Technology has made physical activity in schools even easier and with more options with “PE Kansas.” This free, Kansas State Department of Education web-based K-12 physical education curriculum tool has seen overwhelming support from teachers all across the world.
Since launching in mid-January, nearly 5,400 users have accessed the online curriculum – including 1,161 from Kansas, along with individuals from each state and 38 countries across the world. Thirty Kansas communities have had 10 or more users, and about half of these communities are in rural parts of the state.
“The Kansas Health Foundation (KHF) saw the importance of quality physical education years ago and invested in the development of the Physical Essentials, Physical Focus, and Physical Dimensions curriculum. This resulted in a huge curriculum in both content and physical volume,” said Mark Thompson, KSDE project facilitator. “The most logical means of assuring universal access to the curriculum was to develop a website to house the content. Thus, PE Kansas was created.”
A team of educators and professionals reviewed the old curriculum, transforming physical education in Kansas in the late 1990’s and early 2000’s, according to the website. From there, new activities and focuses were added, and the old content was either kept, removed, or modernized, and updated in a digital, drop-in lesson plan format that helps educators understand how to put together developmentally appropriate, standards-based lessons.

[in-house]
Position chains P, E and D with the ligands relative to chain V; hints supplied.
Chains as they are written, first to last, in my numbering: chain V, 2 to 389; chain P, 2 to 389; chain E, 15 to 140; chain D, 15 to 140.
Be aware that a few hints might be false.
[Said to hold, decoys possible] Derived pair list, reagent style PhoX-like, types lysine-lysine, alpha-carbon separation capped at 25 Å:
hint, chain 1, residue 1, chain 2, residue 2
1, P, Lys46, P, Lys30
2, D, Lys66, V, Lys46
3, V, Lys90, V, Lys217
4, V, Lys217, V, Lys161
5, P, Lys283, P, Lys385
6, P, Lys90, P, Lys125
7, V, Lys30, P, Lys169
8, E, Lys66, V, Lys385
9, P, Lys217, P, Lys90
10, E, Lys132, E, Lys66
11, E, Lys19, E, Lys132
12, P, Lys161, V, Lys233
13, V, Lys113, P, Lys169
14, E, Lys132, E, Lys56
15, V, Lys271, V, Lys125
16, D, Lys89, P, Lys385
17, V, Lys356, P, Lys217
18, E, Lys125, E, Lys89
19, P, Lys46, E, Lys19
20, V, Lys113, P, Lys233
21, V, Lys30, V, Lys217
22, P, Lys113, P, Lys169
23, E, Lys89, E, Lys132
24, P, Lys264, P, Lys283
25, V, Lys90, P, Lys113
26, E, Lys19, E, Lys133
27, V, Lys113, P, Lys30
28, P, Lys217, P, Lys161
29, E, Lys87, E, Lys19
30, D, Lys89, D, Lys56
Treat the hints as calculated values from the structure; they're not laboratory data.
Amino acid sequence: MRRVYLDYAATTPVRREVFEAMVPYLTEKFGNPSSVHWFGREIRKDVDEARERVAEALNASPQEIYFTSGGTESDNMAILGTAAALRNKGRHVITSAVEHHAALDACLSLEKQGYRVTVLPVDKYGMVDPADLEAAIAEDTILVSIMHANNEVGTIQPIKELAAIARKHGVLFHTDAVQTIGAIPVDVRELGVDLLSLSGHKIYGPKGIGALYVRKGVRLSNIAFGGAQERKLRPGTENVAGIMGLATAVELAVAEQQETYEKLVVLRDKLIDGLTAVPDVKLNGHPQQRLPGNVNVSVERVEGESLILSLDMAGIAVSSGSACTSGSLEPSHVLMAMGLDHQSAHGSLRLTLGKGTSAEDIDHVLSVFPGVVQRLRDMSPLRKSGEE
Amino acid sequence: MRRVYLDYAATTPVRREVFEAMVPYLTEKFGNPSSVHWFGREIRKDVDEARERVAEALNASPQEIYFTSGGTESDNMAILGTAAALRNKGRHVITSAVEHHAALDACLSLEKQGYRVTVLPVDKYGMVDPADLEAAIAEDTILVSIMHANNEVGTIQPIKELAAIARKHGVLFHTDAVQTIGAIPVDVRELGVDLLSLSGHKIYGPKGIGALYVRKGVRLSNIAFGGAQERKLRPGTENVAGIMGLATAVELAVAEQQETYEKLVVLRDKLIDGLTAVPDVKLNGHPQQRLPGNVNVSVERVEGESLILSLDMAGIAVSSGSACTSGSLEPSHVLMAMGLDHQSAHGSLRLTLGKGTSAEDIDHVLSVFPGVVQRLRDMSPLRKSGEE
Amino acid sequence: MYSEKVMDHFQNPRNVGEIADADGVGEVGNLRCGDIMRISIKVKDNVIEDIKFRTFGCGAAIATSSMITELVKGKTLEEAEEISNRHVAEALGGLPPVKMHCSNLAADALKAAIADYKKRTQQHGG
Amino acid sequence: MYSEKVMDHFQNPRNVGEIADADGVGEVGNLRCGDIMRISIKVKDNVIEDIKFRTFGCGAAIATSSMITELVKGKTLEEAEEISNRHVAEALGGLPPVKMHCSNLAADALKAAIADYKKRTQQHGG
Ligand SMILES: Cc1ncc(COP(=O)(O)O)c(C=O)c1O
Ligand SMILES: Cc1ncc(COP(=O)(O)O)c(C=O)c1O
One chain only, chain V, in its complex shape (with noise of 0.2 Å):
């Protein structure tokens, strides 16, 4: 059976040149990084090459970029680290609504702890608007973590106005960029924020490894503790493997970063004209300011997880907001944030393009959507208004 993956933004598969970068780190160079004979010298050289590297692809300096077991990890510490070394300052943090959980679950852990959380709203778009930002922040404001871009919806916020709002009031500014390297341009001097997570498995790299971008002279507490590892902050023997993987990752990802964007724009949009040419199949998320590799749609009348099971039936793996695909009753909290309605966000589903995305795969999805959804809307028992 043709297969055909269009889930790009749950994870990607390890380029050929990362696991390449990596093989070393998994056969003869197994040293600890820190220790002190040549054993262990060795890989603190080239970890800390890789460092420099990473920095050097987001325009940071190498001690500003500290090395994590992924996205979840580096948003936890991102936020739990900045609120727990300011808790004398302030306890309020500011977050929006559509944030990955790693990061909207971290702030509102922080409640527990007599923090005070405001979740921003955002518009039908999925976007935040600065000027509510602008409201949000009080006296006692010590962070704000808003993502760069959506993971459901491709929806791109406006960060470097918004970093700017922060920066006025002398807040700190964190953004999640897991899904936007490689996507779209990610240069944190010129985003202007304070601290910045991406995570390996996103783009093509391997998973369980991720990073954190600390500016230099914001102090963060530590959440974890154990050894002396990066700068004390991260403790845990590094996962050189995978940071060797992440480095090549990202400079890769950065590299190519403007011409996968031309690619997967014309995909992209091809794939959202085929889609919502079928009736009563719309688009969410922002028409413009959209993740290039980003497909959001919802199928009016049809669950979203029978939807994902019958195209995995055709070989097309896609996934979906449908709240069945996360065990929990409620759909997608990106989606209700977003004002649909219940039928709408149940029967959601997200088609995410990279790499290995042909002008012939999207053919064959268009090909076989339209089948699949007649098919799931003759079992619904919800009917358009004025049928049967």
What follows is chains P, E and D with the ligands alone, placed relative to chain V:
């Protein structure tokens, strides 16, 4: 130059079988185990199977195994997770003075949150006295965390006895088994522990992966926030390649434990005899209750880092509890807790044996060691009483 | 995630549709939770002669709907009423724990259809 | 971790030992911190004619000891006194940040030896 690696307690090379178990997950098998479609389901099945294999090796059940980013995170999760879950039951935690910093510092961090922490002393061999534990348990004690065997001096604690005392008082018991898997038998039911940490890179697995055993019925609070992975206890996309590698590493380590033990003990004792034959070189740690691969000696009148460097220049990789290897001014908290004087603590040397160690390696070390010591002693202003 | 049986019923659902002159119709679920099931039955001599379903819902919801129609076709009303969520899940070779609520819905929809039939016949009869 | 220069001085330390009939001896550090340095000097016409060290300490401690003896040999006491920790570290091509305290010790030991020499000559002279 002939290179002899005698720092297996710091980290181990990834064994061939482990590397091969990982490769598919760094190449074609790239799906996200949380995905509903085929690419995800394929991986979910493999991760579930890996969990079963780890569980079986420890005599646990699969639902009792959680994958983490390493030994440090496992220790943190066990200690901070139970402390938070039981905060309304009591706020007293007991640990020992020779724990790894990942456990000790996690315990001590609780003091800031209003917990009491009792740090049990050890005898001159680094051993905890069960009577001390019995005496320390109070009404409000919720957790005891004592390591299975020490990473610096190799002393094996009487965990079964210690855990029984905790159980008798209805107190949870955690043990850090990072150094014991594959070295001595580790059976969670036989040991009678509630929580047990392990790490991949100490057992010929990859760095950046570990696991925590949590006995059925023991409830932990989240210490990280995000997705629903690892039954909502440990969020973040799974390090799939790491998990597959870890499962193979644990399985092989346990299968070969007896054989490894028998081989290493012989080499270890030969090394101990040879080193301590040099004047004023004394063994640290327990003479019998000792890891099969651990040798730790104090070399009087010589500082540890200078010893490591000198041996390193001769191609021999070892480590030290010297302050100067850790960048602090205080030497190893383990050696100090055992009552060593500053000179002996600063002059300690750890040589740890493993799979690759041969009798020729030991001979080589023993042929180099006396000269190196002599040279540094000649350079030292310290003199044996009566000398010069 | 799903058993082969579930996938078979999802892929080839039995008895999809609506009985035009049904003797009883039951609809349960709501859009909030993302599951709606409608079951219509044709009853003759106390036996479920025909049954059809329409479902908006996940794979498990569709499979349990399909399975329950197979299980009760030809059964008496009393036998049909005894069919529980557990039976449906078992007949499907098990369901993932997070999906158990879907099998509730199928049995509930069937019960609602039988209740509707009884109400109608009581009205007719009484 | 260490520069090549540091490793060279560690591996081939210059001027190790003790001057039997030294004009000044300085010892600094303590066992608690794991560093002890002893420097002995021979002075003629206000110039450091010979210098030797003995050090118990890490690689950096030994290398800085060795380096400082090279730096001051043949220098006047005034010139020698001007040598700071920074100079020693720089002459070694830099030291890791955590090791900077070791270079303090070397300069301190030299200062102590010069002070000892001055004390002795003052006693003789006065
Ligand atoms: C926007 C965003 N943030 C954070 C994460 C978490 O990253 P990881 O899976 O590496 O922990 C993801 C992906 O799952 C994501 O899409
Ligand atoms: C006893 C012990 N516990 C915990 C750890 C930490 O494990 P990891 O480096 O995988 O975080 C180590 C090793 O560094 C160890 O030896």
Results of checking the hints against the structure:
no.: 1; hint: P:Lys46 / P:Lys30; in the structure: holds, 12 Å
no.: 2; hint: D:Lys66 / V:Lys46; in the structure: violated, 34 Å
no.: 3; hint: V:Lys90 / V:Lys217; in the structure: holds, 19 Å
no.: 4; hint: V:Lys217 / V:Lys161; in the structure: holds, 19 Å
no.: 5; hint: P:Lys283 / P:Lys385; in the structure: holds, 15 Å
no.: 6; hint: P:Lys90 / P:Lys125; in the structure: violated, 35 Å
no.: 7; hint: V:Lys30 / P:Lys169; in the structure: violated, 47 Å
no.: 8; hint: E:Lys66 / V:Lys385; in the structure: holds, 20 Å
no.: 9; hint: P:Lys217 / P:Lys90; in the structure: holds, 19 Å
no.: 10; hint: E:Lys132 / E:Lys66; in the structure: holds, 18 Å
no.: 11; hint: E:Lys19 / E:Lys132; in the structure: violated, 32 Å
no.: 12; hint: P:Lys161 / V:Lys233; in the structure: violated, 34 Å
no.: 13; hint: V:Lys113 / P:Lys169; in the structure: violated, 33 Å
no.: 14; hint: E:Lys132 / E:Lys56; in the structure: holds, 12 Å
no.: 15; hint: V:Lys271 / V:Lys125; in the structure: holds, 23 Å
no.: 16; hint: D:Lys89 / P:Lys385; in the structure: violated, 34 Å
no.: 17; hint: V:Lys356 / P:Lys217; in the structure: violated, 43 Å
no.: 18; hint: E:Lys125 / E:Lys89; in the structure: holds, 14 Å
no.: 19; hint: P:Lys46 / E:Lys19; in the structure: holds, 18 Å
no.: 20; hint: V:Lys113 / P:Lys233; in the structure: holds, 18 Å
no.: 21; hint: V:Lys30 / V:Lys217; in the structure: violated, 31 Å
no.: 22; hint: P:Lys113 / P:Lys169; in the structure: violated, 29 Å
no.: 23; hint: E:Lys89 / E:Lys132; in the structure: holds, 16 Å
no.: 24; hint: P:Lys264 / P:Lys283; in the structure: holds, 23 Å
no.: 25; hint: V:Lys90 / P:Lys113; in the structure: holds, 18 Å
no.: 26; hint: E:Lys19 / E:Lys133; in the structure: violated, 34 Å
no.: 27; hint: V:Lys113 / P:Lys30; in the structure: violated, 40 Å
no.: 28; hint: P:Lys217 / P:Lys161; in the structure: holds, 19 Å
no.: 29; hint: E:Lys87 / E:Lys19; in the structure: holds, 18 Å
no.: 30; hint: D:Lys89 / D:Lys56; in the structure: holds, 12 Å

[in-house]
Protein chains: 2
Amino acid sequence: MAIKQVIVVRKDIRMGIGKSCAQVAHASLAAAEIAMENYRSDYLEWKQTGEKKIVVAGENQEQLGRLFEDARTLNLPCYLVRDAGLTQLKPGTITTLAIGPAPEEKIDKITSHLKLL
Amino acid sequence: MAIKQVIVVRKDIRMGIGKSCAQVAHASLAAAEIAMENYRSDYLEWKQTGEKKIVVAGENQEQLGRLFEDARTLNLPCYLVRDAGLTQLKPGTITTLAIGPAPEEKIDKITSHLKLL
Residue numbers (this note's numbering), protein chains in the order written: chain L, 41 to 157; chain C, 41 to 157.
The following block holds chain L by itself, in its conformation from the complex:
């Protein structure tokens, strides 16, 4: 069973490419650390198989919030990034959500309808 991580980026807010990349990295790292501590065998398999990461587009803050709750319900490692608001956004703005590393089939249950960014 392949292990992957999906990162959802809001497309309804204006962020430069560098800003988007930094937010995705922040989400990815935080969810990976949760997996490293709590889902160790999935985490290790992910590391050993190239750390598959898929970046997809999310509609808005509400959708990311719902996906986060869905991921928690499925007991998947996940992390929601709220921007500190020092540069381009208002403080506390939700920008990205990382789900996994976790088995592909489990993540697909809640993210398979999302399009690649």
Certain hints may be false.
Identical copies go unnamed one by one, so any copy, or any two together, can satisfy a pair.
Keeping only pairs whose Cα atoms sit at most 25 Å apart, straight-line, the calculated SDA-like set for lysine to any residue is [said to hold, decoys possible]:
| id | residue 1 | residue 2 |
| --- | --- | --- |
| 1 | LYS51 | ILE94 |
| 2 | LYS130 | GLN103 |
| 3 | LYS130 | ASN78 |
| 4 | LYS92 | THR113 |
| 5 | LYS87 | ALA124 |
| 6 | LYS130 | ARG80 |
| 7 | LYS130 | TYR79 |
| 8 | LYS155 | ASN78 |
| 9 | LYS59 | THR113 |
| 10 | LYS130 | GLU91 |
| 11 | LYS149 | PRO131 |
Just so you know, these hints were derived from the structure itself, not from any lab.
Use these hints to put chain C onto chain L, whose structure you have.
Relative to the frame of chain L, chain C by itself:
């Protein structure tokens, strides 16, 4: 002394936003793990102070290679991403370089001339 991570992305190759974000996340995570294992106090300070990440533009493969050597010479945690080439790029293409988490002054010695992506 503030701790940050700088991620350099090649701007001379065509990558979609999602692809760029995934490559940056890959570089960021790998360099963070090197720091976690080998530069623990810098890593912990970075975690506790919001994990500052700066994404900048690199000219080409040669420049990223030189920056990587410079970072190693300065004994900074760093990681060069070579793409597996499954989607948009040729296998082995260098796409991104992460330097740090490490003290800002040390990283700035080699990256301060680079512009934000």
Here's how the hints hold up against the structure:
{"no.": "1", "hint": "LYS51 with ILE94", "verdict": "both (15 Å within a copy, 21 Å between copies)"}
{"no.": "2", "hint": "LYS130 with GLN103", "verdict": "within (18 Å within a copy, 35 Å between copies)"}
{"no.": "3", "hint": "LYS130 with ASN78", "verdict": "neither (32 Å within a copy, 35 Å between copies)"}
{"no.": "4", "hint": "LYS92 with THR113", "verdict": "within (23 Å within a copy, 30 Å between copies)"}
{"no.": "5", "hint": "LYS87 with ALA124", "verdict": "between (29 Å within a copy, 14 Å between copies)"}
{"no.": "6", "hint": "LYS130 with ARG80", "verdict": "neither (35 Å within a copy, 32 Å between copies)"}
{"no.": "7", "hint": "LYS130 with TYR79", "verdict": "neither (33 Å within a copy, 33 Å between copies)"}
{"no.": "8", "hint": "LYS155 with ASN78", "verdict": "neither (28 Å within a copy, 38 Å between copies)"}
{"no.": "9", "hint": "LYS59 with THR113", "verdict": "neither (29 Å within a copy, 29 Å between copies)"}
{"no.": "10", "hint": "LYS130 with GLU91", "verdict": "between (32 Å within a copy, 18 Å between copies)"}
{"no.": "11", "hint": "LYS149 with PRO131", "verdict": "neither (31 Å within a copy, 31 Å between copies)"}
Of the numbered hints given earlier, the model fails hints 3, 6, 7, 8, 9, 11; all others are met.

Through a variety of initiatives and nearly $2.2 million in funding, KHF has supported quality K-12 physical education curriculum, and inservice and university trainings for current and future educators. The existing grant, approved in 2013 , has made the web-based curriculum available to all K-12 school teachers.
“For years, we’ve viewed the school environment as a prime place to impact lifelong health and wellness for Kansas children,” said Steve Coen, KHF president and CEO. “Having the physical education curriculum available to anyone online is the culmination of years of work and effort on the part of many dedicated individuals, but it’s also the beginning of a new era of healthy teaching and activity in Kansas schools.”
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